23 November 2001

TOURISM CHIEFS IN BULLISH MOOD

Farmers involved in tourism were hit a double whammy this

year but Farm Stay UK chief executive Nigel Embrey is full

of confidence as members of the farm tourism group heard

at their annual conference. Tessa Gates reports

Farm tourism came to a virtual standstill earlier this year when foot-and-mouth hit the countryside. Tourism group Farm Stay UK (formerly Farm Holiday Bureau) felt the backlash as membership fell from the previous years record high of 1200 to just below 1000 when some members could not afford to renew their subs or perhaps could not see the point in such a year.

However, it was a buoyant Nigel Embrey who addressed the annual conference last weekend. He was fresh from receiving the Tourism Society Award 2001 on behalf of the group, which is given to individuals or organisations who have made an exceptional contribution to the development of tourism in the UK.

Survival of the group and publication of its full colour free brochure Stay on a Farm 2002, both of which were under pressure in April, have not only been secured by some judicious fund seeking from Rural Development Authorities, the brochure print run has been increased to 155,000. The British Tourist Authority is so impressed with the brochure it has taken 55,000 copies at its own expense for overseas distribution. And, as tourism picked up in late summer, so did membership inquiries.

"Members wanting to rejoin were too late to be in our brochure but for a special fee of £100 they could be added to our website if they committed to sign up for 2002," Mr Embrey told Farmlife prior to the conference. "The average fee is £280 and for this they feature on the website, in the guide and get newletters. It is tremendous value compared to other advertising."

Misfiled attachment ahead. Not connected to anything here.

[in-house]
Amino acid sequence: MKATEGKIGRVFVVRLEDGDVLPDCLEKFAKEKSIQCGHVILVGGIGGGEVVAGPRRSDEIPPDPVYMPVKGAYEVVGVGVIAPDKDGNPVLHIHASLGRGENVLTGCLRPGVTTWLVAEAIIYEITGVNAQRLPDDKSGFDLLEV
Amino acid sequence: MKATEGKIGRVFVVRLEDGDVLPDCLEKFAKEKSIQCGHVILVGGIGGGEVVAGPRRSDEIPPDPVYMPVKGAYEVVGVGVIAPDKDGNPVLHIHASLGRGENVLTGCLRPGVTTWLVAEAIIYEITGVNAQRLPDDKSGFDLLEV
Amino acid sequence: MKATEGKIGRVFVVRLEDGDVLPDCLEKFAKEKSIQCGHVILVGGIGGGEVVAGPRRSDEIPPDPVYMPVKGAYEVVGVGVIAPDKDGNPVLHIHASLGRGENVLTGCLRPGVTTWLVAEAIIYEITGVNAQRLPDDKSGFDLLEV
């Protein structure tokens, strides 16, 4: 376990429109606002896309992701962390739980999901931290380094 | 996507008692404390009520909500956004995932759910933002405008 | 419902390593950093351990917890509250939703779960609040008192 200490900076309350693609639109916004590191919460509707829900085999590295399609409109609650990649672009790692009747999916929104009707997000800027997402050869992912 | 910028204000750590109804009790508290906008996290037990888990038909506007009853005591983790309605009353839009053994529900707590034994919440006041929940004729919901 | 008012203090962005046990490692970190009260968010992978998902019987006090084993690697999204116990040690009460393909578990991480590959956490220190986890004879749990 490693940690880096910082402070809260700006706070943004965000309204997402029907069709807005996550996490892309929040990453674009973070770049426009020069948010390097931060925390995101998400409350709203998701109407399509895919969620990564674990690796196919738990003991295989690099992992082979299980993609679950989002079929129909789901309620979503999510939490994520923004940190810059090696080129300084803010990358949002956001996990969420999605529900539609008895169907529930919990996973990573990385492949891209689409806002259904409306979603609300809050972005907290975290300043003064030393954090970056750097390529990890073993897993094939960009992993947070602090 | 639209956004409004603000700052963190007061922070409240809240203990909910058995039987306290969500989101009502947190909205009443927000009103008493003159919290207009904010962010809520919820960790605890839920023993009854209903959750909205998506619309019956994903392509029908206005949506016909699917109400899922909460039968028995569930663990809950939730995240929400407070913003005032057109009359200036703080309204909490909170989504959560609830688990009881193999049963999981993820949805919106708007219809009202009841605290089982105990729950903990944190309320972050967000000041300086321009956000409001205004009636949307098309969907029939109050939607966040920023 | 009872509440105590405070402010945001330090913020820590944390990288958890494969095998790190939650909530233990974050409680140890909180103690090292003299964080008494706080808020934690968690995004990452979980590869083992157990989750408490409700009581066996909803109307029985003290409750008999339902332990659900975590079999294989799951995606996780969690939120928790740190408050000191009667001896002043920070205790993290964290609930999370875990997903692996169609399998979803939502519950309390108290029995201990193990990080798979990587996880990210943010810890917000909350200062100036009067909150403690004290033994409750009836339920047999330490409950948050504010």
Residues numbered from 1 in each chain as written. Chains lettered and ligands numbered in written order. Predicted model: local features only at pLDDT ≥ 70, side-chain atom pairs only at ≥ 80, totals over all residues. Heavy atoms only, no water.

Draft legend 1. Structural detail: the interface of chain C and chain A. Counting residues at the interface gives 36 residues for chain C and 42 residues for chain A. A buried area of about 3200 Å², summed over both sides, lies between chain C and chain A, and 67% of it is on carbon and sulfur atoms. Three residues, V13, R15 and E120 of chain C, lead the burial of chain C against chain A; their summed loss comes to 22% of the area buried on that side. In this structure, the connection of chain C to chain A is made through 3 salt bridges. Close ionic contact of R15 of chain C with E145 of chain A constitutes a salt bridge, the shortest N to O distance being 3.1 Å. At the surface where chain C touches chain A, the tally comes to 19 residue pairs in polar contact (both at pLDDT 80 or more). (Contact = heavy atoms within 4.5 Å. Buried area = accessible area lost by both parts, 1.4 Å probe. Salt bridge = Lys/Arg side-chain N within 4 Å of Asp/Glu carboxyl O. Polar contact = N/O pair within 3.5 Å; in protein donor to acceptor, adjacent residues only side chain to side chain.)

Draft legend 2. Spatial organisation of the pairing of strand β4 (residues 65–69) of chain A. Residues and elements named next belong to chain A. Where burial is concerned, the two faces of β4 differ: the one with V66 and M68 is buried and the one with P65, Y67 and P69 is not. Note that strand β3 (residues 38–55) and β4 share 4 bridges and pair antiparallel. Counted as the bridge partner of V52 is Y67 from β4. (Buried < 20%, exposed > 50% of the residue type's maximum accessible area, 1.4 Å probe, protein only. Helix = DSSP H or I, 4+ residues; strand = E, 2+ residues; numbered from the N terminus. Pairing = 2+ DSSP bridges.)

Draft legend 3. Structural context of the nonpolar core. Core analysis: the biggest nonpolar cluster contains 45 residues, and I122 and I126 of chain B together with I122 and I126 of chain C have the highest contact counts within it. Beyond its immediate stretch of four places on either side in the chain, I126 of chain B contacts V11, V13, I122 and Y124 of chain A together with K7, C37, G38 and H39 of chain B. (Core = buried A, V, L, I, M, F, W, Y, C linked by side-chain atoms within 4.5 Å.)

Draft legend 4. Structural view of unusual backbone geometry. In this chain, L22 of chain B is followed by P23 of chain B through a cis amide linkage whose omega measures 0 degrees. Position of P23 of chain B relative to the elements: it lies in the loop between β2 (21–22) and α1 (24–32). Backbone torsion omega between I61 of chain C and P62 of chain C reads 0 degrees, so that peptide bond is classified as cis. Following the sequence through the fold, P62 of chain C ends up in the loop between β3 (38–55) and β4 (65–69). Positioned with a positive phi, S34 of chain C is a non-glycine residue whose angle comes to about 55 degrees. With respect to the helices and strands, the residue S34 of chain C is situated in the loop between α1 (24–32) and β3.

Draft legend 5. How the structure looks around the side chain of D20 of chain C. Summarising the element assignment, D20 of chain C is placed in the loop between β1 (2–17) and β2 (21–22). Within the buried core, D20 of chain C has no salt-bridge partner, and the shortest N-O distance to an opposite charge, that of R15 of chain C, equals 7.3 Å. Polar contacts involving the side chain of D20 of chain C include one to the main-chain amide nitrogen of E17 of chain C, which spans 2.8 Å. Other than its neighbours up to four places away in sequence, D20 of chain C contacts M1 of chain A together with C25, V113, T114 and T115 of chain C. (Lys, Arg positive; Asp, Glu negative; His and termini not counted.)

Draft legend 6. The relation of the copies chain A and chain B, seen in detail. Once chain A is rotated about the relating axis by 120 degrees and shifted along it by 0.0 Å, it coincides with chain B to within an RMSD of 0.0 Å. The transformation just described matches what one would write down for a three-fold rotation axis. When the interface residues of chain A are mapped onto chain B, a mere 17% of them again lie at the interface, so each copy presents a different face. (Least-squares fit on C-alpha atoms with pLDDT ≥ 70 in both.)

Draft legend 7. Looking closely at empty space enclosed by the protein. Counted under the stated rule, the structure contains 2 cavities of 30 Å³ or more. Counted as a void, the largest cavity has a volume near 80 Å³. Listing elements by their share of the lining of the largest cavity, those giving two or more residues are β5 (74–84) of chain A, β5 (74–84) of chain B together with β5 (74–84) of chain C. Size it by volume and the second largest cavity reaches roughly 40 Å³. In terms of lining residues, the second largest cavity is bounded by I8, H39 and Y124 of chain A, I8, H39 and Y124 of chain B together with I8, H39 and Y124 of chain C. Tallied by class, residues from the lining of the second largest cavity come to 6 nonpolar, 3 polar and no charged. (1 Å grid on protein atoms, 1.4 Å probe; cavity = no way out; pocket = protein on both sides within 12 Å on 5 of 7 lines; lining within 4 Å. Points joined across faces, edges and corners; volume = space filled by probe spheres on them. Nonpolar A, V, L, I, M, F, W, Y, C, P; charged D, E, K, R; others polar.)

In his keynote speech Mr Embrey said that superficially, in recent years the tourist industry had fared better than agriculture. "However, what is not commonly appreciated is the fact the UKs share of the overall tourism market has been in gradual decline for the last decade – a decline that recent months have turned into an avalanche. The only real growth sector up until Sep 11, has been that of outbound Brits spending more and more of their time and money overseas."

Fuel tax, and VAT at the second highest rate in Europe, make our own remote locations increasingly more expensive and inaccessible. "As if this wasnt enough, in England the national tourist board has now been denied the right to provide a marketing focus for our product!"

The repercussions of the tragedy on Sep 11 will undeniably affect farm tourism. "The domestic market provides our bread and butter in normal times, being worth £20b in total to the industry. However, last year Brits going abroad spent £46b. We do not need to fight hard to use the current lack of confidence in flying to regain a large share of this outgoing business. As to long haul incoming visitors, they will most certainly feel safer in the countryside than in the cities," he said.